Another TribalNet conference has come and gone. The conversations and learning opportunities at the Grande Sierra Resort were non-stop during this year’s event in September. TribalNet always provides a great opportunity to discuss key issues that are top of mind for Tribes.
Throughout conversation after conversation at this year’s conference, one thing became very apparent; Tribes are in need of technology, and they continue to search for the most effective solutions that allow them to focus on their goals. Conversations ranged from what technology is best to run our government, best for our gaming facilities, can better support our members, and can meet fiscal needs like procurement solutions.
When it comes to procurement, the Varis team definitely heard several concerns in our conversations with attendees who are struggling with overly complex and inefficient processes. Here are the three we heard most often:
Reducing the Burden on Procurement Employees
In general, procurement teams are telling us that they are facing increased pressure in this post-COVID world. Many have had to take on additional responsibility even as they adjust to the changes caused by the pandemic, such as adapting to remote and/or hybrid working arrangements.
One of those pressures is having to source pricing through a variety of options under these challenging conditions. Best pricing is always the goal, but doing this without sacrificing quality and service can be challenging. Especially since many organizations’ budgets may not allow them to buy the quantity of products to qualify for larger discounts. Procurement professionals are being asked to search for available Co-op, and sharable “piggyback” contracts to get what they need. These searches can involve many time-consuming phone calls and web searches that often have no results because there is a lack of sites to visit.
If they are unable to locate a contract, the next step is an even more time-consuming and expensive process: going out to bid. Many tribal procurement offices have less than a handful of employees to complete the many tasks procurement performs. Daily review and approval of requisitions, purchase orders, and invoicing alone can take almost a full day. When an employee is pulled from their tasks to create and solicit a bid for a specific purchase, their workload increases and causes a backlog of already assigned tasks.
Additionally, resources from subject matter experts in other departments may also be needed for bid creation and response reviews creating further bottlenecks within multiple departments. Beyond the bottlenecks is the potential six-to-nine-month delay in implementing a time-sensitive and needed product or service.
Protecting Data Integrity
Data security comes up in most conversations around new solutions for Tribes, including procurement. In today’s environment, the trend is towards purpose-built solutions. This means a tribe could have several platform solutions from multiple vendors to solve a need. It is not uncommon to hear of a finance office moving away from an expensive enterprise resource platform (ERP) and implementing separate budget, bid, grants, and purchasing modules from best-of-breed vendors. While this can bring better overall solutions, it comes with its own challenges.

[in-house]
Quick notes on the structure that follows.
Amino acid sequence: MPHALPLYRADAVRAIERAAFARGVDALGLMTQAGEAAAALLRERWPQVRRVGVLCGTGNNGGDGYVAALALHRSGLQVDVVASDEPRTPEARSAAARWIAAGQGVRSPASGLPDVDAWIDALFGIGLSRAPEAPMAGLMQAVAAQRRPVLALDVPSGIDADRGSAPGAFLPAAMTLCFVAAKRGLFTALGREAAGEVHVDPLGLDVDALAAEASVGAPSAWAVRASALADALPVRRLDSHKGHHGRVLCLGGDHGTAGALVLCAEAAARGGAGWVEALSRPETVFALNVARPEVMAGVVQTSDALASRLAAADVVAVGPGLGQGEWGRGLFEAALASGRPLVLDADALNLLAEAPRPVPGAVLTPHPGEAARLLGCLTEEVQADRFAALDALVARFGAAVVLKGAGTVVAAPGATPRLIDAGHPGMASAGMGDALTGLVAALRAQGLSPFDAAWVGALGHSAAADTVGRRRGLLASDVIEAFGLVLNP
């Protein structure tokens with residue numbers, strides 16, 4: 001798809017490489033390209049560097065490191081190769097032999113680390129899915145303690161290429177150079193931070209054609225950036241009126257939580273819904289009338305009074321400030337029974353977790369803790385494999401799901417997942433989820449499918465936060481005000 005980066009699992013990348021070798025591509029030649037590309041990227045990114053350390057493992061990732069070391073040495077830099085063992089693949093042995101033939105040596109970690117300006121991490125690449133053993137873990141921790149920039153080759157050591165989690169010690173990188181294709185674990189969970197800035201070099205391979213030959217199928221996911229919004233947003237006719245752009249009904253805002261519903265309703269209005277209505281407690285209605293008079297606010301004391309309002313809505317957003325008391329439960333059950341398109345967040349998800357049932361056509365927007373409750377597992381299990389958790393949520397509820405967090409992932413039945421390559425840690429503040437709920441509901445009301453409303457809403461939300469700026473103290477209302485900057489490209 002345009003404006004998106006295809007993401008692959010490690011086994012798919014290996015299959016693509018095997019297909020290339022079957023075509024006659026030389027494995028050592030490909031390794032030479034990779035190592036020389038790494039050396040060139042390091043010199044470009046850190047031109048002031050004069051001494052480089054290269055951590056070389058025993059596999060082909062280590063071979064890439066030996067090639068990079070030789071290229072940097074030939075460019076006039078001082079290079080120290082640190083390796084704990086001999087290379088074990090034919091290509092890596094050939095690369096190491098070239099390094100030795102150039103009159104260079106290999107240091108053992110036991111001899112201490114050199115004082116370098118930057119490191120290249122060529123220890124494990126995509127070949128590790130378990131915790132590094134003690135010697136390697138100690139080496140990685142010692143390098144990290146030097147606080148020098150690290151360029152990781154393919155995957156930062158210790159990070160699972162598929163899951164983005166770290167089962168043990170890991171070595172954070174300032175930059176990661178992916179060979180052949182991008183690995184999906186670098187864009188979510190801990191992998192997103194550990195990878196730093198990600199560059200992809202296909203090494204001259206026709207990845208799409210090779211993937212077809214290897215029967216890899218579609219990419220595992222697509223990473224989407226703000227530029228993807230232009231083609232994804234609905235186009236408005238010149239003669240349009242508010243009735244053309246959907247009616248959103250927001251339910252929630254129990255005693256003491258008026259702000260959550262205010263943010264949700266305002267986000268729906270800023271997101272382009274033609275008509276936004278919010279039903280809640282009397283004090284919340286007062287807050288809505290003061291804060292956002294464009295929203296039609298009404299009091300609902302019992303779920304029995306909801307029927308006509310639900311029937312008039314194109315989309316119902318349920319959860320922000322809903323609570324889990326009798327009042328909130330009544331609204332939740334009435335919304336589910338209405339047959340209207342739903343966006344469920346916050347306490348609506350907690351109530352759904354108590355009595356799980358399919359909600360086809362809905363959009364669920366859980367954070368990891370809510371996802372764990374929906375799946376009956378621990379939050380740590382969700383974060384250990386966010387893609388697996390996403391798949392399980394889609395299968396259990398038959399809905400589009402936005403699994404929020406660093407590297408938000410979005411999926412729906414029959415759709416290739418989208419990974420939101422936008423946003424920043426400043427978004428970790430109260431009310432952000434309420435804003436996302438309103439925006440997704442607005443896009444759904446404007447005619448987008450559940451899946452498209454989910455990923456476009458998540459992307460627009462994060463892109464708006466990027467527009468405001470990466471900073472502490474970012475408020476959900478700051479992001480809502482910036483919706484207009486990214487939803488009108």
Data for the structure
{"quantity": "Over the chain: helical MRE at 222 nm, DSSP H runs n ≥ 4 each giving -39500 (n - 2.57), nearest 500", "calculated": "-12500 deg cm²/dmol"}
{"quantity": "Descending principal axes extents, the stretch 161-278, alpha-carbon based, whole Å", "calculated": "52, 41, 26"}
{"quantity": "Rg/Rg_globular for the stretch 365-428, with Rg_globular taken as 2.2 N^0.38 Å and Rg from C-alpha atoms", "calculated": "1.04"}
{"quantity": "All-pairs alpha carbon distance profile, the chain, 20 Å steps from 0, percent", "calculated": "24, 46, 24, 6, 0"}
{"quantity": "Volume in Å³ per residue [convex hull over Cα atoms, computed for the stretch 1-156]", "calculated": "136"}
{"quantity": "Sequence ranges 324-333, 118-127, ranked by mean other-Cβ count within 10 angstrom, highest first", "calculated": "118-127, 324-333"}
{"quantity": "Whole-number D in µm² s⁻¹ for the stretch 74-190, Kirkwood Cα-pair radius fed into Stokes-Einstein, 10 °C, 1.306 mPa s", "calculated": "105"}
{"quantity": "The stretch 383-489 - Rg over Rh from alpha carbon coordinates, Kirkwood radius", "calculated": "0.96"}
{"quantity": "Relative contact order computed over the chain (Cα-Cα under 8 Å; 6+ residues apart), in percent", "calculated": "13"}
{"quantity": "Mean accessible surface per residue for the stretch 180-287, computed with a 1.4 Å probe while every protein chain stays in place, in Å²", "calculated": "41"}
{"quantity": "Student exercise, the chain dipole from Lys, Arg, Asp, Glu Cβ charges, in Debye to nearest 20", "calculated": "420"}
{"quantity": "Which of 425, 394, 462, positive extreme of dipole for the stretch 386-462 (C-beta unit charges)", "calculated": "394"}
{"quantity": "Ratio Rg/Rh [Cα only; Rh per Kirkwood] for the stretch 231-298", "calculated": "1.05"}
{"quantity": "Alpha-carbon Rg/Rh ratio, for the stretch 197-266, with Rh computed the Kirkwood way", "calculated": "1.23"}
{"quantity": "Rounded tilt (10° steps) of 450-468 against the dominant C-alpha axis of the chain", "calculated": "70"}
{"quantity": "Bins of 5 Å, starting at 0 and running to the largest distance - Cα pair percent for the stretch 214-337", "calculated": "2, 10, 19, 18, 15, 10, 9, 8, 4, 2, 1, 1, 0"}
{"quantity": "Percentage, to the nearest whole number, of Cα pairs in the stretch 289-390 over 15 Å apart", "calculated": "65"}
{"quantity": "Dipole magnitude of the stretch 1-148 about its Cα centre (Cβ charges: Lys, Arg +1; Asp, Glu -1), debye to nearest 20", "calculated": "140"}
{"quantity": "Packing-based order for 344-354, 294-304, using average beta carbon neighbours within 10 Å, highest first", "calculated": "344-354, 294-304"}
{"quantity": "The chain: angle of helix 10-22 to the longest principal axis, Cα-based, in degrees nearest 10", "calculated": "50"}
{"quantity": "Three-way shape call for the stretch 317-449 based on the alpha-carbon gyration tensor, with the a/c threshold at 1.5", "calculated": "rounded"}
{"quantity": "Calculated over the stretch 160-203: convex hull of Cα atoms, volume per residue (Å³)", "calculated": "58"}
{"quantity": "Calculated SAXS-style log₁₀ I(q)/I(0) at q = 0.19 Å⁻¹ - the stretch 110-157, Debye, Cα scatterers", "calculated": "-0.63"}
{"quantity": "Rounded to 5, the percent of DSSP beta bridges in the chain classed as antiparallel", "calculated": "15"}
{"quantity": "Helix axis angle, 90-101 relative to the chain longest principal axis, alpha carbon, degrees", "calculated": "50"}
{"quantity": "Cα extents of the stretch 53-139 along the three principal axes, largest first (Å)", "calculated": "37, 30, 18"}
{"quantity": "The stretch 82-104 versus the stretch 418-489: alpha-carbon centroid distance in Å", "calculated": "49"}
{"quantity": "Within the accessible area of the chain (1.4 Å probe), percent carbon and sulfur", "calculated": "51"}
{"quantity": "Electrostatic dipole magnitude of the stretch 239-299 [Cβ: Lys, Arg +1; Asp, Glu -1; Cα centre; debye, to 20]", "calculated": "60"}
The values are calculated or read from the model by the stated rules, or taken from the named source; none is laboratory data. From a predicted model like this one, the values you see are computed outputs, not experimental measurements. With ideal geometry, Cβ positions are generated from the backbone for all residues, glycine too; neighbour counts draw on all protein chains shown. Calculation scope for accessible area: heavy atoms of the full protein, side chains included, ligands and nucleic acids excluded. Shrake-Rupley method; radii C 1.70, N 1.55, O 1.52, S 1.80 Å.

Tribes have specific rules in place to protect their data. This can make integrating multiple solutions troublesome in the finance office. Attendees at Tribal Net were seeking vendors who understood this requirement and could demonstrate that they could handle these needs appropriately.
Of course, IT managers will have their own list of data integrity needs for any new solution. Typically, the IT managers we spoke with want all individual solutions within the finance office to be able to drop files into a SQL server environment that is separate from other finance operations. This will eliminate the concern of systems “talking” to each other and having a potential data breach.
Supporting Tribal Businesses
A third theme that came out of Tribal Net was the desire to support native-owned businesses, many of which are small businesses. They don’t have the marketing budget or outreach of much larger competitors, making it challenging for Tribal buyers to find and prioritize them. Tribal purchasing departments are looking for better ways to improve visibility into native-owned businesses to purchase from without straining their modest resources any further.
The Varis team had many discussions about how a curated purchasing network that connects Tribal buyers and suppliers would benefit both groups. Providing organizations with a centralized purchasing experience can combine the convenience of more consumer-like sites with the control and purchasing compliance organizations are looking for. For Native American-owned businesses, this approach is a cost-effective way to reach new customers.
While many Tribal purchasing offices are small, attendees at Tribal Net confirmed that their tasks list and responsibilities are not. This creates a need to find technology to support their ever-growing organizations. These technology platforms need to be flexible enough to support their processes while being built specifically to solve their needs. These include reduction of time around sourcing and identifying one-off and ongoing needs. Quick access to piggy-backable contracts, and available Co-op opportunities can eliminate the need for many bids, giving time back to their offices as a whole. All this needs to happen while bringing visibility to support Tribal businesses.